POZNAN, Poland (AFP) — Global warming rivals the Iraq War as the policy for which George W. Bush has been most savaged, with critics accusing him of braking or even sabotaging efforts to tackle climate change.
But the chief US delegate at the UN climate talks here, in an interview on Wednesday, said Bush's administration had shown "an evolution" over two terms and had made practical contributions in shaping the global debate.
Paula Dobriansky, under secretary for democracy and global affairs, told AFP she had no regrets for Bush's strategy on climate change but argued a better job could have been done in articulating it to the public.
"I think this issue (climate change) is important, we care about it greatly. Looking back, if there was anything that maybe I would have hoped, it's that we could have done a more effective job in getting our message out, in other words, (in) public diplomacy," she said.
She added: "President Bush said very early on in his administration, 'we will act, we will learn and we will act again.' And our approach has been an evolutionary one. I think you have seen an evolution from the beginning of the administration to the present time."
Dobriansky did not spell what she meant by an evolution. But, in defending the administration's record, she chose to stress its shift towards multilateral action, which became prominent in the final years of Bush's tenure.
This apparent change of tack saw talks launched with Asian countries and major carbon emitters, initiatives to boost the transfer of clean technology, and mustering finance to tackle climate change.
Bush has been a bogeyman to greens ever since he announced in March 2001, in one of his first decisions in office, that he would never ratify the Kyoto Protocol, the cornerstone of attempts to deal with climate change under the UN flag.
Bush argued Kyoto's curbs on greenhouse-gas emissions were too costly for the US economy and unfair because the binding targets only apply to industrialised countries, not to China, India and other emerging giants.
The walkout nearly wrecked Kyoto, whose framework had been designed in 1997 largely to accommodate American needs.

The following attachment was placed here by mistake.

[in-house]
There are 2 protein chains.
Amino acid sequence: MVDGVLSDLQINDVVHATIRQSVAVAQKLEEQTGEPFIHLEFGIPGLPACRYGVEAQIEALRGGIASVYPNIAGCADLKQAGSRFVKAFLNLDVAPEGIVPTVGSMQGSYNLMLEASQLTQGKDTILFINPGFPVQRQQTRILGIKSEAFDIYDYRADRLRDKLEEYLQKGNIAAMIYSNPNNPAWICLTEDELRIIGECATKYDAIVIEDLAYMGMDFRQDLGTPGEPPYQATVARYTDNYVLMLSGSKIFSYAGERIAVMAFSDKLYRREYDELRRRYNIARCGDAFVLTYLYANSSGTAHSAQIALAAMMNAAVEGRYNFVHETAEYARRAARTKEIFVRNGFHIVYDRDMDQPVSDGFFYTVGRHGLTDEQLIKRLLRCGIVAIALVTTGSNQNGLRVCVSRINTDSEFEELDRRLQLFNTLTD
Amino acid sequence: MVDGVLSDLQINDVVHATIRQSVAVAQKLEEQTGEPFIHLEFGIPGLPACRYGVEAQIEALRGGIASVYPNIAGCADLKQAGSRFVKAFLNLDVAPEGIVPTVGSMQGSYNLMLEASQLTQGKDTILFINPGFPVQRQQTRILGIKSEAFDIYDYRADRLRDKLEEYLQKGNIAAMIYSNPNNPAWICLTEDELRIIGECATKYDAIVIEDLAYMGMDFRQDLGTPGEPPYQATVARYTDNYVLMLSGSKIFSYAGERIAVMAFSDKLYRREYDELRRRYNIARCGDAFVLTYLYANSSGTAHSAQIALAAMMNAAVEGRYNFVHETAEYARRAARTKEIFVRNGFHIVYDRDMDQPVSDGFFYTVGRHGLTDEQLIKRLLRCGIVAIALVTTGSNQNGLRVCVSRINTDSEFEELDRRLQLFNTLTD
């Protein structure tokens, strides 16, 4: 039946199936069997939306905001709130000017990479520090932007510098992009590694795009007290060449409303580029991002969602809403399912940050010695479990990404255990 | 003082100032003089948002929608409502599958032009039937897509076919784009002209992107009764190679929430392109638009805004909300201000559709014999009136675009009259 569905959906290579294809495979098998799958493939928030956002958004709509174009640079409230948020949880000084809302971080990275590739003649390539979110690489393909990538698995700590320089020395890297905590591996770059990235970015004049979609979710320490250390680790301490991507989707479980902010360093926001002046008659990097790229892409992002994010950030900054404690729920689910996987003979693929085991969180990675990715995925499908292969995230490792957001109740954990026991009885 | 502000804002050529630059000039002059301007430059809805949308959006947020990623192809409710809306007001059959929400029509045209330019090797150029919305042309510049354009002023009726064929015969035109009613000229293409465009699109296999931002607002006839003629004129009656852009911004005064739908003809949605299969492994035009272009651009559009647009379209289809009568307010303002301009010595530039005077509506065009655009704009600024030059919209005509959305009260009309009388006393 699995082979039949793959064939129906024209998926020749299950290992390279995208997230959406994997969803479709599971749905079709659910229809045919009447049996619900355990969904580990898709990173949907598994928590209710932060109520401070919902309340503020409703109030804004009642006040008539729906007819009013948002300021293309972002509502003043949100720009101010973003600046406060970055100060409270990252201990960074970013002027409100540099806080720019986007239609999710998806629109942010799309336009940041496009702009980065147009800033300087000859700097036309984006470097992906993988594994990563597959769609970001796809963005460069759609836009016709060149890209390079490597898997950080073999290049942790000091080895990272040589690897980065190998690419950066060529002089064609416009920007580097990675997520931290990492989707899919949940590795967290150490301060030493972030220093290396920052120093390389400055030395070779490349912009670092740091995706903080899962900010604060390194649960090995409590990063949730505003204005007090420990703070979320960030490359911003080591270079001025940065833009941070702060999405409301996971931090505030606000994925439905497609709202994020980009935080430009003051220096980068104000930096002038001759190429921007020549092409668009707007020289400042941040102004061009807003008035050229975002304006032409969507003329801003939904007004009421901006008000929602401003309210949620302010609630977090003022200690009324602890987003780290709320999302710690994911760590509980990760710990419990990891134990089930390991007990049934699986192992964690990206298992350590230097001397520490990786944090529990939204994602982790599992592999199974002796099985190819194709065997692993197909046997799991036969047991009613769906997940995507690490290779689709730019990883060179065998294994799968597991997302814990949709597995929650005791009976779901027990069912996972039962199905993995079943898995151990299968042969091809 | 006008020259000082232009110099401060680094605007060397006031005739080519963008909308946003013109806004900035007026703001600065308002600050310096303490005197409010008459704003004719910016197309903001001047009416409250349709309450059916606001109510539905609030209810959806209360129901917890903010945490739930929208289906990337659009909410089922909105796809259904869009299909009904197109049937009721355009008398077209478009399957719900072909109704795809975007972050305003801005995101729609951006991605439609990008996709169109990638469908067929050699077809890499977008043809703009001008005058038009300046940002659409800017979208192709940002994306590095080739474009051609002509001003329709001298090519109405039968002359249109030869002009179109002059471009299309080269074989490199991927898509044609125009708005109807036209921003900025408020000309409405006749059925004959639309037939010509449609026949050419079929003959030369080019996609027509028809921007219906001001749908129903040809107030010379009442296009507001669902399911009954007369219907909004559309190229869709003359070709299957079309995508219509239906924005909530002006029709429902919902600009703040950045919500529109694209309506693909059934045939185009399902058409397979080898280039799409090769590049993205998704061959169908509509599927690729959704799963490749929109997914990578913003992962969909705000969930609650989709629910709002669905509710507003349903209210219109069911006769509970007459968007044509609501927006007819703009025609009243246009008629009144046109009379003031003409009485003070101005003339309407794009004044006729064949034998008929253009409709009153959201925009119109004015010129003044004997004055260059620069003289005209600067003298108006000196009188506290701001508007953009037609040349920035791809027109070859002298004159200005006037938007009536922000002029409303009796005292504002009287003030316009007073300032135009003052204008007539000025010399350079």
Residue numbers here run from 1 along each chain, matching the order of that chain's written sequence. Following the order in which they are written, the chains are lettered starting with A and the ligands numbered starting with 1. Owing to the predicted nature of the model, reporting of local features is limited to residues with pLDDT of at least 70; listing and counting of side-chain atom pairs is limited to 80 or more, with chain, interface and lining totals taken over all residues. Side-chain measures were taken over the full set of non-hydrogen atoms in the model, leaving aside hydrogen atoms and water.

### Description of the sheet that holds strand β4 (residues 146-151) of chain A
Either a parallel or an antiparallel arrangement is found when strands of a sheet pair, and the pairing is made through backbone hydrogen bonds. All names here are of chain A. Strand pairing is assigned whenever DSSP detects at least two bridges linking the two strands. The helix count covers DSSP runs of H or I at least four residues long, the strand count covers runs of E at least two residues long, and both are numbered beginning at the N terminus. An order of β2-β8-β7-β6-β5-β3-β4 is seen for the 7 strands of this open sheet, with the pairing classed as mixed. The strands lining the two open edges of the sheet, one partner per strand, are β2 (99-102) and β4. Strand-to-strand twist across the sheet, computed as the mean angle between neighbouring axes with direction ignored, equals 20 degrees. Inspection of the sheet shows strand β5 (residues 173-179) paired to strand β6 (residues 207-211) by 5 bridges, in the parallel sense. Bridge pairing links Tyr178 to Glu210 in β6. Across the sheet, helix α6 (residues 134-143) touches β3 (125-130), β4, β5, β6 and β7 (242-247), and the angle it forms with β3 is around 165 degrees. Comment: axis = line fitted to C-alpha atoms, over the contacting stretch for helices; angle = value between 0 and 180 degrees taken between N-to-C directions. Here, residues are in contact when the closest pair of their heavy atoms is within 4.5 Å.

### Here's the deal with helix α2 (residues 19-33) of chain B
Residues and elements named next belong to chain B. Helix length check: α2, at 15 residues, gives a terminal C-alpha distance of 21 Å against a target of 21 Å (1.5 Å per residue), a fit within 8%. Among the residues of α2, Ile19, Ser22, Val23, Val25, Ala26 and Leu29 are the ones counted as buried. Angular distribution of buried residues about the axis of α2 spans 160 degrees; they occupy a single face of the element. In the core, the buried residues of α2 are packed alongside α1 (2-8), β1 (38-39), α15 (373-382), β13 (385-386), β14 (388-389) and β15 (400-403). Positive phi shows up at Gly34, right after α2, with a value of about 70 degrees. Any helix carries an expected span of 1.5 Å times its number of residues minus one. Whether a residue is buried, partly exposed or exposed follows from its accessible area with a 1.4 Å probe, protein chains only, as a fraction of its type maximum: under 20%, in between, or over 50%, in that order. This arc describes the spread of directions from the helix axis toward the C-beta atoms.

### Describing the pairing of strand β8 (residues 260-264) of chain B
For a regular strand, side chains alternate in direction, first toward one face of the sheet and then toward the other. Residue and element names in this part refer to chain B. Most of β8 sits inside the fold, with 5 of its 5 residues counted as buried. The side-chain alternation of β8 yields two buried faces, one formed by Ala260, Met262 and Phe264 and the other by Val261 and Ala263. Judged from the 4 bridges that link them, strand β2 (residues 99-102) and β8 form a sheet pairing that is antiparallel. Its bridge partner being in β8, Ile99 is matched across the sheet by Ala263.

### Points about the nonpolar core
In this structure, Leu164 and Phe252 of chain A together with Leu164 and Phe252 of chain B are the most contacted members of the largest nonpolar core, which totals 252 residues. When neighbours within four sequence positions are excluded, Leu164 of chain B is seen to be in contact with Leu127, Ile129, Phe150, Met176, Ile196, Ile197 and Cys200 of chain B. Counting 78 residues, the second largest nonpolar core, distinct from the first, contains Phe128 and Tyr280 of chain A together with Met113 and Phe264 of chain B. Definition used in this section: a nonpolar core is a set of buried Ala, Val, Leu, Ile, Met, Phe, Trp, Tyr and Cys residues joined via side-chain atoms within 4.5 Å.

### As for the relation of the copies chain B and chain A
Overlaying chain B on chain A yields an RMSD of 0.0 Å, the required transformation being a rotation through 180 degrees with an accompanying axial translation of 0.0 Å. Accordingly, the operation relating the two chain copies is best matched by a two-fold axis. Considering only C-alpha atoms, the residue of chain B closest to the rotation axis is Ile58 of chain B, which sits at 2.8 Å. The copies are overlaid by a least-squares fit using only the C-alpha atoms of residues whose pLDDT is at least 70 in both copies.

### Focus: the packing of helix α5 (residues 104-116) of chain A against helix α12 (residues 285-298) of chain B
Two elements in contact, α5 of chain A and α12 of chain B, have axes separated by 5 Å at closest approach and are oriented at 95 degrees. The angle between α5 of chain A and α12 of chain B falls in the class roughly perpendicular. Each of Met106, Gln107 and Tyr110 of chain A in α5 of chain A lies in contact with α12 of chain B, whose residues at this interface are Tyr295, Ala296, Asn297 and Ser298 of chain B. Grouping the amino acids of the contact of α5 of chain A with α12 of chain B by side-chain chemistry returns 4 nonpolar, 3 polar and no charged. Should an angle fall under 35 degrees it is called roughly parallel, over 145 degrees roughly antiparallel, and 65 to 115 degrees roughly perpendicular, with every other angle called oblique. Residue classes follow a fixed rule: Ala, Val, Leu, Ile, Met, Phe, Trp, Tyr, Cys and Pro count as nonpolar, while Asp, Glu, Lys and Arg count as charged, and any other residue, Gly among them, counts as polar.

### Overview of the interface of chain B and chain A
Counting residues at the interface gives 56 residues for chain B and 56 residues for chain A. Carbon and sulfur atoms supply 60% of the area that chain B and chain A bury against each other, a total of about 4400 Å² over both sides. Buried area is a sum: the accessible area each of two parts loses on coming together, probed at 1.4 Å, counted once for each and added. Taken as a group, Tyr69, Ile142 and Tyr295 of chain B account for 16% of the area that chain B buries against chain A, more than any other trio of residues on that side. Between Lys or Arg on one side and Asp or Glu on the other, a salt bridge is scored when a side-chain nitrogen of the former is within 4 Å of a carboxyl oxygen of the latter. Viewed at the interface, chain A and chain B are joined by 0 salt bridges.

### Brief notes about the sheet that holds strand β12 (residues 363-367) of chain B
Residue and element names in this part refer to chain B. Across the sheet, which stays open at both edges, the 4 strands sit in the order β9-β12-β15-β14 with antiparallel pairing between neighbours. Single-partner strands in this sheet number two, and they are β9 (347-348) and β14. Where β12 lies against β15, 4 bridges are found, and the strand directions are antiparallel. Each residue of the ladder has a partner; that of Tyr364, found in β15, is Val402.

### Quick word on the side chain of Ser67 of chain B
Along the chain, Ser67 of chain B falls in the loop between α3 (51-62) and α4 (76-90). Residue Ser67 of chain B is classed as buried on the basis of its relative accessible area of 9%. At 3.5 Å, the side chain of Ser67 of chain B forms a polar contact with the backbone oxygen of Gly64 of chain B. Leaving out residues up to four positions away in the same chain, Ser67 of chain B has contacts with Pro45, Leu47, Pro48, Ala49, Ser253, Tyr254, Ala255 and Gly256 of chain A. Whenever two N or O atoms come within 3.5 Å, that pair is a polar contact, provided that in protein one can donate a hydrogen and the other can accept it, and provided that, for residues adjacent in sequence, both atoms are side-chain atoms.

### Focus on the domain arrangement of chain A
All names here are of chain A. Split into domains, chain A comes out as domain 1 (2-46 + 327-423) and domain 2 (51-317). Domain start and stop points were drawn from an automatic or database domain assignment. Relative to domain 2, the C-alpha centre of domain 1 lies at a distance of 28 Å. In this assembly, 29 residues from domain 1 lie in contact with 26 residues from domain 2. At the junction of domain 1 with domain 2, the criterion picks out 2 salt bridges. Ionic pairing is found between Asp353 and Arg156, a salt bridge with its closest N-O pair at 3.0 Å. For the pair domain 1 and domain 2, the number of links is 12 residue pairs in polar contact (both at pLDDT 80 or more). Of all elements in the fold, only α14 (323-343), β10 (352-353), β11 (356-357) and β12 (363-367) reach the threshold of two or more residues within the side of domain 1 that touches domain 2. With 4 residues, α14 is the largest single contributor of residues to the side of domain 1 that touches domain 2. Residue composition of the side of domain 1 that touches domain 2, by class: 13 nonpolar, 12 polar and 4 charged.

Anger towards Bush boiled over, especially in Europe. For many analysts, it became a landmark in the loss of US "soft power," or diplomatic clout.
Kyoto was saved after it was championed by the European Union, but the effort to negotiate a successor, after the treaty's provisions expire run out in 2012, remains deeply troubled.
Even though the United States remains an active participant of the UN Framework Convention on Climate Change (UNFCCC), Kyoto's parent forum, progress has been dogged by entrenched suspicions of Bush and Washington's continued opposition to emissions "caps" -- a stance that President-elect Barack Obama has vowed to erase.
Dobriansky argued that, beneath the headlines, the United States had made "substantial contributions" in several practical ways.
These include placing the focus on beefing up funds to help poor countries cope with climate change and gathering major emitters in a smaller forum that was linked to the UN talks -- an initiative that many analysts also say has been a success.
Developing countries remain fiercely opposed to having binding targets on emissions.
But, suggested Dobriansky, Bush's argument that these big emitters of tomorrow have "measurable, verifiable, reportable" forms of emission control was making headway.
While the Bush administration has been blasted as selfish and unilateralist on climate, Dobriansky paid tribute to the global process.
"This is a global issue, it requires global action and it also requires global give and take and exchange of information and assistance, so from that end, I think the UN Framework Convention on Climate Change is an appropriate and important forum."
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